There is a new very positive tradition that is taking over the nation where men, black men in particular, gather at schools to greet, high five and dap students as they enter the school for the first day of school.
It started with a member of the organization 100 Black Men organizing one in his city, which got lots of media attention. The idea caught on and since then, it has spread o other cities. Hartford, Connecticut; Boston, Massachusetts, Seattle, Washington; Texas, Dayton, Ohio, New York, City and other cities have taken on the trend and organized similar First Day of School greetings.
In Texas at Kelly Elementary School, “9 out of 10 students are raised by a female family member and may not have a male role model,” Principal Alaina Criner said of the event where men came to her school this year.
“Just so they have someone to look up to,” Criner told KTNTV about the effects of the men’s presence. “Someone that maybe looks like them, or someone else in their life as a role model.”
Attorney DeVaughn Ward organized one at Martin Luther King, Jr. Elementary a few years back and had this to say to Yahoo! Parenting:
“In this school they may not typically see career professionals on a regular basis. So we wanted them to see people who look like them out there supporting them. Seeing someone in a suit and tie would hopefully encourage them and give them the idea that ‘maybe someday I can do that too.’”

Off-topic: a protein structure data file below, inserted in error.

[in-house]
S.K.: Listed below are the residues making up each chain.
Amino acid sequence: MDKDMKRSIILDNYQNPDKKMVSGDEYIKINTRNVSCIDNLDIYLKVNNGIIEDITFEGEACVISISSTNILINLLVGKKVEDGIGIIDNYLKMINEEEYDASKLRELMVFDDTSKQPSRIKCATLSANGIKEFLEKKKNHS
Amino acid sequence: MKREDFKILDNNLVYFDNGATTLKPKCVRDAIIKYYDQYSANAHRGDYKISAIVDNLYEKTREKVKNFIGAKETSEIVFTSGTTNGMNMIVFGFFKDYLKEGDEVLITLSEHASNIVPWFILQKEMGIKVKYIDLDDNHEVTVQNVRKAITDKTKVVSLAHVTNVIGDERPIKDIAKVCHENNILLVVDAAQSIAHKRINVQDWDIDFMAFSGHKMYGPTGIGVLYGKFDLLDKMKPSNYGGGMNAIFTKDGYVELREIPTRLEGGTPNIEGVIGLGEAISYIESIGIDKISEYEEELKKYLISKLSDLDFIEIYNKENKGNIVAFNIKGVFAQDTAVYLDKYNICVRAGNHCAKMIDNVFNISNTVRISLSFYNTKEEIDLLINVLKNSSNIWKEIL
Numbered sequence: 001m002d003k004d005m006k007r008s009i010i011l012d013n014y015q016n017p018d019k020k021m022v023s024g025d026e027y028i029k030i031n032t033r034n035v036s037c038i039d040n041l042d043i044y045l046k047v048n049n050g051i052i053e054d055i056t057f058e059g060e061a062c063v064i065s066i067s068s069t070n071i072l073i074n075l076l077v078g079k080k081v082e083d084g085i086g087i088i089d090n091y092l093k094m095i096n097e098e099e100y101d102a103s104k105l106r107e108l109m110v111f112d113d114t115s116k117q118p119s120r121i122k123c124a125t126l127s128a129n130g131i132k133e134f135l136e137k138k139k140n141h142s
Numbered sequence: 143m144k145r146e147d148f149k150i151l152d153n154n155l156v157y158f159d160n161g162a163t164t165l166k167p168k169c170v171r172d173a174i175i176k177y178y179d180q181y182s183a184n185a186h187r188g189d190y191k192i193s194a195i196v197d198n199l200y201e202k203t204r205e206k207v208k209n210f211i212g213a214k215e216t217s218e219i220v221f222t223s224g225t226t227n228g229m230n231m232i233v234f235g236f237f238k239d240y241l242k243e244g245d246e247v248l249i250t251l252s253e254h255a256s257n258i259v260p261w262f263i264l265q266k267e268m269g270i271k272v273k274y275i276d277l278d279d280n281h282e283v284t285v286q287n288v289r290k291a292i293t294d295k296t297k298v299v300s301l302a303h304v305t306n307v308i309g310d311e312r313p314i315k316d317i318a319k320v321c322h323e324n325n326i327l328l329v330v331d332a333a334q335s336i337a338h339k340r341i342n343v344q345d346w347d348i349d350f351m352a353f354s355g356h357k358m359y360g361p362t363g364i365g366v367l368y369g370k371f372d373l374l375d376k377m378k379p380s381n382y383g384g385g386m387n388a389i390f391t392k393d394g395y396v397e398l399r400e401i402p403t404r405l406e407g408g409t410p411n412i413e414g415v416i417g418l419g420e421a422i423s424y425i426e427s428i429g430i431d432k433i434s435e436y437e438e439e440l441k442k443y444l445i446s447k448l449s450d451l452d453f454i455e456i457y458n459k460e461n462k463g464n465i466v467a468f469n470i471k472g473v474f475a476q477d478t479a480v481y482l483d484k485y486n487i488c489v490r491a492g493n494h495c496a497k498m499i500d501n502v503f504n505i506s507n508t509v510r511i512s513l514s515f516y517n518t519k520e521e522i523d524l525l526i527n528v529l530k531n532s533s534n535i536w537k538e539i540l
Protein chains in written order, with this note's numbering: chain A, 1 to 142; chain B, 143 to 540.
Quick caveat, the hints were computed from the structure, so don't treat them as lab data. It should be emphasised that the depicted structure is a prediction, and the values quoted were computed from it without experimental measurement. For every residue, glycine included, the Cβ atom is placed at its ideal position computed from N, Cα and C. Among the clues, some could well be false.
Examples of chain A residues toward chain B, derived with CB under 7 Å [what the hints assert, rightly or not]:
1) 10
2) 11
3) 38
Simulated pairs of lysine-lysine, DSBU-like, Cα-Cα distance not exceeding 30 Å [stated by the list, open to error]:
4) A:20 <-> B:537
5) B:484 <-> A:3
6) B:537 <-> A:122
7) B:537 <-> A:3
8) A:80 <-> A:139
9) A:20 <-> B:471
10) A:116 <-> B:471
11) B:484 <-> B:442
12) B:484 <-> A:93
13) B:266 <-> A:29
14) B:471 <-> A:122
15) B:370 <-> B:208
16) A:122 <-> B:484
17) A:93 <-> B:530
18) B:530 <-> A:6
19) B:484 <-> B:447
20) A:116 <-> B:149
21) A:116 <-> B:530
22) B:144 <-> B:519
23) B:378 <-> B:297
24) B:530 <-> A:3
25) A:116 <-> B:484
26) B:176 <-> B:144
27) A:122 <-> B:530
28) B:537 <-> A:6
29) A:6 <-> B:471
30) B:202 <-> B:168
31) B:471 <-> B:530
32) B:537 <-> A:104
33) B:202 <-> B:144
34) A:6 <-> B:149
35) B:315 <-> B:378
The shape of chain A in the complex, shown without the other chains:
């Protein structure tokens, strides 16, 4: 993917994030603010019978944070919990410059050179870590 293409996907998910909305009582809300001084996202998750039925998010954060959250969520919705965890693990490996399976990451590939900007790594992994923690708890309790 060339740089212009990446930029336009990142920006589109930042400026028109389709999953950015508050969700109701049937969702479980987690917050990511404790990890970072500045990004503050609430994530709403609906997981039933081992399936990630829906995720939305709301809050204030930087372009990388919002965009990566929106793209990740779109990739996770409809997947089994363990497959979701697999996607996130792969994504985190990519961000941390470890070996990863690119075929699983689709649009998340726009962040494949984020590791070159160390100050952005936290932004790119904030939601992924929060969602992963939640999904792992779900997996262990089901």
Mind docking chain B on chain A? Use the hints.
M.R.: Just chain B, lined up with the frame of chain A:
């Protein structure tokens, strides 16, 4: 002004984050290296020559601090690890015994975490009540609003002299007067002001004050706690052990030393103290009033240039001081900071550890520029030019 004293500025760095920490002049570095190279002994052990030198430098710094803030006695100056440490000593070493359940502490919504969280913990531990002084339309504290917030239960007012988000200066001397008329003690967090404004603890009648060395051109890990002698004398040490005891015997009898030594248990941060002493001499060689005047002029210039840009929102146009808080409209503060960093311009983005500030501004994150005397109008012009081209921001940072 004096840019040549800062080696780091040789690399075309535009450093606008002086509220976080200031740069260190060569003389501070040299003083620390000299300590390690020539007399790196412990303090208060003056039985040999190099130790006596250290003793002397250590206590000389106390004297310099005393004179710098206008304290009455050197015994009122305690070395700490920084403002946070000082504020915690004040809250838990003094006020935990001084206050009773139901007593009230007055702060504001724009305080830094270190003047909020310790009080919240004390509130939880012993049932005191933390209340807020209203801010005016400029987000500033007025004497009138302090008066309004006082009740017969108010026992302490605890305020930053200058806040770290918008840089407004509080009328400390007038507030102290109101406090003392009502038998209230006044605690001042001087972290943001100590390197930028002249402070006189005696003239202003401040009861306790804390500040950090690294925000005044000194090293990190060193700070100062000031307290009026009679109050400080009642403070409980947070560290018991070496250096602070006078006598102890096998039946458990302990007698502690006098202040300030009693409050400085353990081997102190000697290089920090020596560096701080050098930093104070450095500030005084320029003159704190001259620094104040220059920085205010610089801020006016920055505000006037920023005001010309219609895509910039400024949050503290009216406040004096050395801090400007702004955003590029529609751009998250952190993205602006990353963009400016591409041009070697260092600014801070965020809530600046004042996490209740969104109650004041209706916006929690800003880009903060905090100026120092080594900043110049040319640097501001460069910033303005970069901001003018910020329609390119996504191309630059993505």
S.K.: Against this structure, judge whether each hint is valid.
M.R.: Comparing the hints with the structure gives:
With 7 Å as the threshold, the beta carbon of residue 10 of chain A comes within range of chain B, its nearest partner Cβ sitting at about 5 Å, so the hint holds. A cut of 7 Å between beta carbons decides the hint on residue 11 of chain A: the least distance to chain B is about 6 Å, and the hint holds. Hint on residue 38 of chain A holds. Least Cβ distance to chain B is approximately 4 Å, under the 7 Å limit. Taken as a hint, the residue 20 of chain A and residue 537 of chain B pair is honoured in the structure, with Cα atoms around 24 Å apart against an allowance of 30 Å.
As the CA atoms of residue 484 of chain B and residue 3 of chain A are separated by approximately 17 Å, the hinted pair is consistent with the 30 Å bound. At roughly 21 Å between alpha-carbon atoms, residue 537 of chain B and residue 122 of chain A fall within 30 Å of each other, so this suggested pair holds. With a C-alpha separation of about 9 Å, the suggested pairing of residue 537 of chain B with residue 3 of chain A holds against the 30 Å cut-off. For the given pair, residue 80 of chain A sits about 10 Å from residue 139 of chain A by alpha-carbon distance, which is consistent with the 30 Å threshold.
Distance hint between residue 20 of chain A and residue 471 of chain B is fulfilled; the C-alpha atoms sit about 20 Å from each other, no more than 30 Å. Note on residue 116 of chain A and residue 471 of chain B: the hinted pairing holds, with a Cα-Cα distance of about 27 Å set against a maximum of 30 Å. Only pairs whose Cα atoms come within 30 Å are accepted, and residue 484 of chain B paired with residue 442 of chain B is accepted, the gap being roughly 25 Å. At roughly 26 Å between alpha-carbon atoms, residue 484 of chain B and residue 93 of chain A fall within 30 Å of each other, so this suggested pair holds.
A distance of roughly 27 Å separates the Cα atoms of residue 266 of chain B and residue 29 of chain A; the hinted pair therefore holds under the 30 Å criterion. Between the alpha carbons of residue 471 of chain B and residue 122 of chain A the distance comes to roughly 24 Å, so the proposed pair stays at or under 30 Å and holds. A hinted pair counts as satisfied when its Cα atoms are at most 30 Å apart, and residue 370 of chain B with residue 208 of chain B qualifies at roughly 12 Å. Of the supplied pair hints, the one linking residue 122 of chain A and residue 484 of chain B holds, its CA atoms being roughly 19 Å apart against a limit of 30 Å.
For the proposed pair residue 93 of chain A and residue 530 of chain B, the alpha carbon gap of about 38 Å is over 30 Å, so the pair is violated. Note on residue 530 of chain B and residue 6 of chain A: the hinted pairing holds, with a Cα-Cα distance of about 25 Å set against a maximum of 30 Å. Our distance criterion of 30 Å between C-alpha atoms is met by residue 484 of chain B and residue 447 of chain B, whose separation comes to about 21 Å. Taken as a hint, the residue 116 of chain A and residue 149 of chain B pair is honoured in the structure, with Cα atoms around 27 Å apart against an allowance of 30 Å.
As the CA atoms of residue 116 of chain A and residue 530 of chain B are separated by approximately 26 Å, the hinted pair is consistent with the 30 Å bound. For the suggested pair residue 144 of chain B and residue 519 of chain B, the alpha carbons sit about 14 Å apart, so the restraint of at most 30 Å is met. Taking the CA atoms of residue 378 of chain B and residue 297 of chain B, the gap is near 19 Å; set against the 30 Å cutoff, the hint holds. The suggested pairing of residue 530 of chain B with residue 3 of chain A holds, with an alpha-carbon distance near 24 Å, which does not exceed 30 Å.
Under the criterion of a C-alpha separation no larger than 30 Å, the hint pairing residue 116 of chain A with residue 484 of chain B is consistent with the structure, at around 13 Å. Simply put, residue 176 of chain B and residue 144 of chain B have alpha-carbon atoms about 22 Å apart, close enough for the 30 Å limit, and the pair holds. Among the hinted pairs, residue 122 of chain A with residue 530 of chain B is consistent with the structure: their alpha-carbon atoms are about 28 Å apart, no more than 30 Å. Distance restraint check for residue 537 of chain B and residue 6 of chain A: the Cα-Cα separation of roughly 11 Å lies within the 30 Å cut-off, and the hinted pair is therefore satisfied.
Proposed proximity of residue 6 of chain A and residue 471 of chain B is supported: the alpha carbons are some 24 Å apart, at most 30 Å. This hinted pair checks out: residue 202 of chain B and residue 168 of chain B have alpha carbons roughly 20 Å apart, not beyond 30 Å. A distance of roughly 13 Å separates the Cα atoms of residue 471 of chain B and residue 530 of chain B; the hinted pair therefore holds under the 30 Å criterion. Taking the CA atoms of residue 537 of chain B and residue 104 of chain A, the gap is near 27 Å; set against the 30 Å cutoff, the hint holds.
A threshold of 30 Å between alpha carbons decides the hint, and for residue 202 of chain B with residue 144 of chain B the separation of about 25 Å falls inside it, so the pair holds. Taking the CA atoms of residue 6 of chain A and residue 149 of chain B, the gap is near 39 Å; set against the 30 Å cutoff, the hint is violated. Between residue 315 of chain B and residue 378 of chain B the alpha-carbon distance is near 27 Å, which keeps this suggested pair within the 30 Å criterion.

In Seattle, Washington, Seattle University Law Professor Bryan Adamson wore his academic robe and hat and explained the importance of showing up for dispelling myths and stereotypes about black men, and showing this demographic in a positive light.
“(Students) remember, and they model,” Adamson said. “They see these images of what they could become, whether they look like us or not, and go into their communities. They are the ones changing the narrative.”
In Maryland, schools are not open until after labor day so Maryland Delegate Angela Angel is using her nonprofit charity, Advocate Angel, to enlist men to help welcome students in Prince George’s County, Maryland. She is calling the county-wide event, “Dap Day,” named for the friendly fist or fist greeting.
There are shifts of 7-8am, 8-9am, and 9-10am, Angel told local radio this morning. They can find out more information and sign up here.
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